The pier built by the U.S. military to bring aid to Gaza has been removed due to weather to protect it, and the U.S. is considering not reinstalling it unless the aid begins flowing out into the population again, U.S. officials said Friday.

While the military has helped deliver desperately needed food through the pier, the vast majority of it is still sitting in the adjacent storage yard and that area is almost full. Aid agencies have had difficulty moving the food to areas further into Gaza where it is most needed because the humanitarian convoys have come under attack.

The United Nations, which has the widest reach in delivering aid to starving Palestinians, ceased distributing food and other emergency supplies arriving through the pier June 9. The pause came after the Israeli military used an area near the pier to fly out hostages after their rescue in a raid that killed more than 270 Palestinians, prompting a U.N. security review over concerns that aid workers’ safety and neutrality may have compromised.

On Saturday, the U.N. said humanitarian workers had started moving tons of aid that piled up at the pier to warehouses in Gaza.

WFP spokesperson Abeer Etefa told The Associated Press this is a one-time operation until the beach is cleared of the aid and is being done to avoid spoilage. Further U.N. operations at the pier depend on security assessments, Etefa said.

While always meant to be temporary and never touted as a complete solution to the problems getting humanitarian aid into Gaza, President Joe Biden’s $230 million project has faced a series of setbacks since aid first rolled ashore May 17 and has been criticized by relief groups and congressional Republicans as a costly distraction.

The pier has been used to get more than 19.4 million pounds of food into Gaza, but has been stymied not only by aid pauses but unpredictable weather. Rough seas damaged the pier just days into its initial operations, forcing the military to remove it temporarily for repairs and then reinstall it. Heavy seas on Friday forced the military to remove it again and take it to the Israeli port at Ashdod.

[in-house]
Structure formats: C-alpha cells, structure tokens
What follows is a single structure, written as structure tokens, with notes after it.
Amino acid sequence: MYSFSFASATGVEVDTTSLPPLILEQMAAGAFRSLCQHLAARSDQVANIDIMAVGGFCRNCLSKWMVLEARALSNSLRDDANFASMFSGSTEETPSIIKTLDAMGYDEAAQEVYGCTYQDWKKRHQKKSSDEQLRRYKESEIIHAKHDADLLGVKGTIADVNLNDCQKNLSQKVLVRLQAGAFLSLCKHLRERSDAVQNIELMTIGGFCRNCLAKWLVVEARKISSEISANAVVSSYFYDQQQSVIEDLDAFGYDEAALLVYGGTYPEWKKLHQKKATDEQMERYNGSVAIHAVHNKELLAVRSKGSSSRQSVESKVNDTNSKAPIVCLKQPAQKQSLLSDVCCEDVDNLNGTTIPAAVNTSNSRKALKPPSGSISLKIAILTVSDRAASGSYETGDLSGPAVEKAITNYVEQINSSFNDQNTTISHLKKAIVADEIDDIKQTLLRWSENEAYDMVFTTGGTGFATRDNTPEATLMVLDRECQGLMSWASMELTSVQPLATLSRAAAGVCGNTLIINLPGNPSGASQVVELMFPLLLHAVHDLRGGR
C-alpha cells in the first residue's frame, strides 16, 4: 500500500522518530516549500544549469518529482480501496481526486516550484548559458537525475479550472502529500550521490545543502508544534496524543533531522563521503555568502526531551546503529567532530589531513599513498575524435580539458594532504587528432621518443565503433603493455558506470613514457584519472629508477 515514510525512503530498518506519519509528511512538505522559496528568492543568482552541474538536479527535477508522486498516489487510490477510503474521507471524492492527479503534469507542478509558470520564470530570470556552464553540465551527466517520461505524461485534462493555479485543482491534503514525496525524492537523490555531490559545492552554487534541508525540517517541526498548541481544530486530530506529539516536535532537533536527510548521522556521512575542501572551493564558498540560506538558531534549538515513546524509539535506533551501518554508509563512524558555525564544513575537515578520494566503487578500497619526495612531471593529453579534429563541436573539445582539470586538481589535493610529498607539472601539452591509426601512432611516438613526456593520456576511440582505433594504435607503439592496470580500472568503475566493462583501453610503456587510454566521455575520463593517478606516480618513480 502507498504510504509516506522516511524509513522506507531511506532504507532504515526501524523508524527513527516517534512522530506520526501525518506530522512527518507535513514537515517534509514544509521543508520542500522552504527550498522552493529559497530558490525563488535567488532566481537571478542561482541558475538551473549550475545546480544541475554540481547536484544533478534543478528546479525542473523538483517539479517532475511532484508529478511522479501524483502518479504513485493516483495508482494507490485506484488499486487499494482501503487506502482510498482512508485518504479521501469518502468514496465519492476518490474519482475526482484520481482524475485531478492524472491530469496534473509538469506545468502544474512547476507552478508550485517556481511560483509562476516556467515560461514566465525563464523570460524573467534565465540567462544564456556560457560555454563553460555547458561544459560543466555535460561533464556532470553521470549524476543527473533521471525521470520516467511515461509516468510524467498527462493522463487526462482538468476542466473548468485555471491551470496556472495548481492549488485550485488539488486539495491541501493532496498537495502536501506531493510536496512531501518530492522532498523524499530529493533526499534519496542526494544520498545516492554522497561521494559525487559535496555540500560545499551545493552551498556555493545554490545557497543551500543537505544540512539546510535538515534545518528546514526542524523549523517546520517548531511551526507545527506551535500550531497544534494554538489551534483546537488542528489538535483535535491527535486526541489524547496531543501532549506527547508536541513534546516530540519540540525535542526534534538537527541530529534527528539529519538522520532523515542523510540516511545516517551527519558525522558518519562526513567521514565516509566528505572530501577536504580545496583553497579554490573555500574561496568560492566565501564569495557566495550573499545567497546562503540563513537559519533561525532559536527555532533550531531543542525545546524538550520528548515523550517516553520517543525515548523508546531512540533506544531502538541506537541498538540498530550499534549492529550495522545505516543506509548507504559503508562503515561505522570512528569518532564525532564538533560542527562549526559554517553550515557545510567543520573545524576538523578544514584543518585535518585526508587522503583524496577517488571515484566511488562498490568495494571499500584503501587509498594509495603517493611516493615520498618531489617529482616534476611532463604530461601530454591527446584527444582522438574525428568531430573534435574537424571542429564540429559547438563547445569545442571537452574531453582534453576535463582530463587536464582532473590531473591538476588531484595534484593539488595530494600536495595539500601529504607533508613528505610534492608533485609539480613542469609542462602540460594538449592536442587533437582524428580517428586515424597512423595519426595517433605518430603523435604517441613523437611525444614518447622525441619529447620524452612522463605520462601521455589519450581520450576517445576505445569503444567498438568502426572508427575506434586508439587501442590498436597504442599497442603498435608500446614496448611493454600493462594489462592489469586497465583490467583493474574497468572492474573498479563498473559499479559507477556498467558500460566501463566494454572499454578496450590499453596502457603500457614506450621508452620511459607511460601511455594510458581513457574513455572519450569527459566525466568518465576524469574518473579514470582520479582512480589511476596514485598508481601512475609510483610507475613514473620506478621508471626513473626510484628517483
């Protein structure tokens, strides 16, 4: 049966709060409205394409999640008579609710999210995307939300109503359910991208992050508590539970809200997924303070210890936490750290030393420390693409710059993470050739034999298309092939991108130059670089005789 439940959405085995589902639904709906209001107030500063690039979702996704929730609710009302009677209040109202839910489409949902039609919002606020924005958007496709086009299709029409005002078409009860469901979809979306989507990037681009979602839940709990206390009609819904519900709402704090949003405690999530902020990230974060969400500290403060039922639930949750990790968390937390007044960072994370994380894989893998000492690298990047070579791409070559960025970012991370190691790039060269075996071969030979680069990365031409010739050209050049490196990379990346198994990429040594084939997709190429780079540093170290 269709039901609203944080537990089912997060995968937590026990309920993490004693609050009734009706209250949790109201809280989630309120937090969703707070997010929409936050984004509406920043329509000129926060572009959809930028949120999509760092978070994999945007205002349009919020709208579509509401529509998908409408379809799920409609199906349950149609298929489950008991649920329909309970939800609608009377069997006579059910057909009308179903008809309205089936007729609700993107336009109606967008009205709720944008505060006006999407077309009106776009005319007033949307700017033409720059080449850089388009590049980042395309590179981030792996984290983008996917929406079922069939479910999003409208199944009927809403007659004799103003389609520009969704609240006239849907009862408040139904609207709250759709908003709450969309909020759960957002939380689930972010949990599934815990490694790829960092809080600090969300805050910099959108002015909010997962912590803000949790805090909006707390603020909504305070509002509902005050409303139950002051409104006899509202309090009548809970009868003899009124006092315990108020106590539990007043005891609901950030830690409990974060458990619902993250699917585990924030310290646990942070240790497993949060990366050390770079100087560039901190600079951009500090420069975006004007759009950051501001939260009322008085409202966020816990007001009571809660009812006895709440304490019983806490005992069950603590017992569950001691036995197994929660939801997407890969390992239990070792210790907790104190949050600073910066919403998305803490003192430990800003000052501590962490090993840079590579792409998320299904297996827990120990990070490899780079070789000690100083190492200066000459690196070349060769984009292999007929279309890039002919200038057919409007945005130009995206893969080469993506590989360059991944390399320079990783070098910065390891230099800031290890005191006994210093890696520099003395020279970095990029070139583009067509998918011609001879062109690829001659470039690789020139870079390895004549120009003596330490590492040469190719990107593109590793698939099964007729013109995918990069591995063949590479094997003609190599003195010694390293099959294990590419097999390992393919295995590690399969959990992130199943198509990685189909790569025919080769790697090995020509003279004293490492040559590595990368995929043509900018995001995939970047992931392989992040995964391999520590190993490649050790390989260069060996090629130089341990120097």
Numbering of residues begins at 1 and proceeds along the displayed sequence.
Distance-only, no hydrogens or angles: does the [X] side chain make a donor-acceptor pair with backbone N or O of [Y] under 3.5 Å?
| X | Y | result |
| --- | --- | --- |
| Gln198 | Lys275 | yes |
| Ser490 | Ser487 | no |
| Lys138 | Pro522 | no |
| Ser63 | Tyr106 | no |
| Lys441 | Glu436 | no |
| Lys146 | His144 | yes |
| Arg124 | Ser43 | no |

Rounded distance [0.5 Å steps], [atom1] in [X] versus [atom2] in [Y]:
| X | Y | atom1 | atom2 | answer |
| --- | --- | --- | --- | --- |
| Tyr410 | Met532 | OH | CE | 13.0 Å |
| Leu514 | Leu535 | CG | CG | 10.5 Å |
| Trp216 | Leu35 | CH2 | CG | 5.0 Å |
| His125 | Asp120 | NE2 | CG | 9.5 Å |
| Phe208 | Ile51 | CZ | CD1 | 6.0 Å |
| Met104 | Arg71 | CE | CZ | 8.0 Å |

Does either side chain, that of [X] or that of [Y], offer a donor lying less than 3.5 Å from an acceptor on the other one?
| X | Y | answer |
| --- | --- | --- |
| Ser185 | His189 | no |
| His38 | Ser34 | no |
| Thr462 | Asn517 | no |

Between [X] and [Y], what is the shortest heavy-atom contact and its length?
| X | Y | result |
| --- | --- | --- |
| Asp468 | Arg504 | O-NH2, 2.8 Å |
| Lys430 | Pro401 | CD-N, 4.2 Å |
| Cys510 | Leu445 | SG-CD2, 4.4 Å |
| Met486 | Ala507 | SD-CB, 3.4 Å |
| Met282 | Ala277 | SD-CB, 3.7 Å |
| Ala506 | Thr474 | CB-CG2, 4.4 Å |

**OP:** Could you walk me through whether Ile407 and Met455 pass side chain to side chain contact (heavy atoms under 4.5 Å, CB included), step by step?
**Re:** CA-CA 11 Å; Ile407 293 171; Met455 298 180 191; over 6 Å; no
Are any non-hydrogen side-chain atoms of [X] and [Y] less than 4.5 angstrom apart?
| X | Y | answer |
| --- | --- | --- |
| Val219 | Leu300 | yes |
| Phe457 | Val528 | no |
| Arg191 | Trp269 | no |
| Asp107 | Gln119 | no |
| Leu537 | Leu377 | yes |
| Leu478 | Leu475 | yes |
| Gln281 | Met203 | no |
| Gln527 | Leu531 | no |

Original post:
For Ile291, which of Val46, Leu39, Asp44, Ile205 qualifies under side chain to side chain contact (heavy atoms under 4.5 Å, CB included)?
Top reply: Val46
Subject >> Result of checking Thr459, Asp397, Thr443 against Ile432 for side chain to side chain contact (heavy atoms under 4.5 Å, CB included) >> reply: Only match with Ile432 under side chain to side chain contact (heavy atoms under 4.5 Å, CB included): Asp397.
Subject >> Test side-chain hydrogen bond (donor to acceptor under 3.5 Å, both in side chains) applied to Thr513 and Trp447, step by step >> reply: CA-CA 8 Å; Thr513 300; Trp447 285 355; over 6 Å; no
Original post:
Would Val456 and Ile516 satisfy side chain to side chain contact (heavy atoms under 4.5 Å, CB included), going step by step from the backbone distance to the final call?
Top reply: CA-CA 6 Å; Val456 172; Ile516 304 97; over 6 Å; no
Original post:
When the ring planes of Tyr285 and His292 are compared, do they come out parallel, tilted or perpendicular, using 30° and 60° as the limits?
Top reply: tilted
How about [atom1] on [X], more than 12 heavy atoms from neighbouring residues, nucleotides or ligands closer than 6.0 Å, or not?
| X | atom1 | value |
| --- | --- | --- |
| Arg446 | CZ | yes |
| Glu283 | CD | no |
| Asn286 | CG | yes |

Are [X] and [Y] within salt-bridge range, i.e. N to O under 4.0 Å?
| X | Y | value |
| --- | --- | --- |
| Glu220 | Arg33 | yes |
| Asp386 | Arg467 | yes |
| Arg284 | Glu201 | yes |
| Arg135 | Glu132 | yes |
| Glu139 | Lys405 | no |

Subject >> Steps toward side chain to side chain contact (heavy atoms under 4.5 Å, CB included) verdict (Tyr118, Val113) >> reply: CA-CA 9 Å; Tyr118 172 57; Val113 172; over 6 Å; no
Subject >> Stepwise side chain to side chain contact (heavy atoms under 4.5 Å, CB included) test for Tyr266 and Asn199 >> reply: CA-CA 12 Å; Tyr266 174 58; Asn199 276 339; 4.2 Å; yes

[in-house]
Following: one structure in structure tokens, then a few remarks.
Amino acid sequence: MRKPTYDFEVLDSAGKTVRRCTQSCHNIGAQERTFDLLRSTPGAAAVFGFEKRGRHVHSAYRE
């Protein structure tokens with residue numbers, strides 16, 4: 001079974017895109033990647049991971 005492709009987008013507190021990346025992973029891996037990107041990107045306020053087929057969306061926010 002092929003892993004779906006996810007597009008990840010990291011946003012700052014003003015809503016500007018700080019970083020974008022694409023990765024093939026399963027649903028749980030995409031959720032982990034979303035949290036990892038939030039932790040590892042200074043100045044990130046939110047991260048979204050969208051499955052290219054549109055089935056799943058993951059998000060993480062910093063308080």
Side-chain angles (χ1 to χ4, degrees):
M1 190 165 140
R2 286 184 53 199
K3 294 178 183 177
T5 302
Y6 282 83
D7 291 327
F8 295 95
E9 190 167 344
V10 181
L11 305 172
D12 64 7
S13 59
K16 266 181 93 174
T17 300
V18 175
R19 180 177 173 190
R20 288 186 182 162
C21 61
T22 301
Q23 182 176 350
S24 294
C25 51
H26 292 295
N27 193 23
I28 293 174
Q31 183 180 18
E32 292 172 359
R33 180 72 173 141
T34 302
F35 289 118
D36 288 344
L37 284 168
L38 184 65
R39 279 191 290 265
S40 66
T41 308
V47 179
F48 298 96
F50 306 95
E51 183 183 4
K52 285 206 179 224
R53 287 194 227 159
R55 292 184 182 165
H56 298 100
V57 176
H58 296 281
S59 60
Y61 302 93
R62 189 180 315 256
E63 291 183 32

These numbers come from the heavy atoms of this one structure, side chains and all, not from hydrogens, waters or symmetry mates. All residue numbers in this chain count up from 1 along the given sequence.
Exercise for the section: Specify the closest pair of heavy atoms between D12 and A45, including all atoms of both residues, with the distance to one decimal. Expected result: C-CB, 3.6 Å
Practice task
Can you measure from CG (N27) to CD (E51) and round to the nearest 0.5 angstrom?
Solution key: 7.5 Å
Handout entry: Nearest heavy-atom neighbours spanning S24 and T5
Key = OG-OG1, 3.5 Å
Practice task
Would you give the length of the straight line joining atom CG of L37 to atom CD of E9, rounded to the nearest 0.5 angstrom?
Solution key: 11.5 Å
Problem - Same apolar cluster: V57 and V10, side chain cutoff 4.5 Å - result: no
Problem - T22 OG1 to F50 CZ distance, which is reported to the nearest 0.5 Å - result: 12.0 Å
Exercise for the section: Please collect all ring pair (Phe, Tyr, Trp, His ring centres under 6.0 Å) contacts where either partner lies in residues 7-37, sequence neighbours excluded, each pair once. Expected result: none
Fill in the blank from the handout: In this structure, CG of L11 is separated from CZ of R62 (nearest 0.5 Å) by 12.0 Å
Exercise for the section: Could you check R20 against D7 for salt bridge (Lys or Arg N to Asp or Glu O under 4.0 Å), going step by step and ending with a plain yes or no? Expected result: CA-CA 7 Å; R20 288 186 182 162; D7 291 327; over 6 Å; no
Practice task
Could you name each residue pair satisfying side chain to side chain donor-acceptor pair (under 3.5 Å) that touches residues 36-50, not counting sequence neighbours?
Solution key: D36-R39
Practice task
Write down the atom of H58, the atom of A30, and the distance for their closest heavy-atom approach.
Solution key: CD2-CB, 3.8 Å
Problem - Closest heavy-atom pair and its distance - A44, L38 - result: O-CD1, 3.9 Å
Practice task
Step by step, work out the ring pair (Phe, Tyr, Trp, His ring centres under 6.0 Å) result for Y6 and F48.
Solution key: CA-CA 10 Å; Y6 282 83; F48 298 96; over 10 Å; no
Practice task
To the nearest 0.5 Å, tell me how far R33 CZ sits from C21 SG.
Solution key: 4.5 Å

Several U.S. officials, speaking on condition of anonymity to discuss military movements, said the military could reinstall the pier once the bad weather passes in the coming days, but the final decision on whether to reinstall it hasn’t been made.

Sabrina Singh, a Pentagon spokeswoman, acknowledged that she doesn’t know when the pier will be reinstalled.

“When the commander decides that it is the right time to reinstall that pier, we’ll keep you updated on that,” she said.

She also said Friday that there is a need for more aid to come into Cyprus and be transported to the pier. She noted that the secure area onshore is “pretty close to full,” but that the intention is still to get aid into Gaza by all means necessary. She said the U.S. is having discussions with the aid agencies about the distribution of the food.

But, she added, “Of course, if there’s not enough room in the marshaling yard, then it doesn’t make sense to put our men or women out there when there’s nothing to do.”

Palestinians are facing widespread hunger because fighting in the nearly nine-month Israel-Hamas war, Israeli restrictions on border crossings that are far more productive than the sea route and the attacks on the aid convoys have severely limited the flow of food, medicine and other supplies.

Ellen Knickmeyer contributed from Washington.

Editor’s note: Additional Associated Press reporting by Julia Frankel and Wafaa Shurafa contributed to this story.

Tara Copp is a Pentagon correspondent for the Associated Press. She was previously Pentagon bureau chief for Sightline Media Group.

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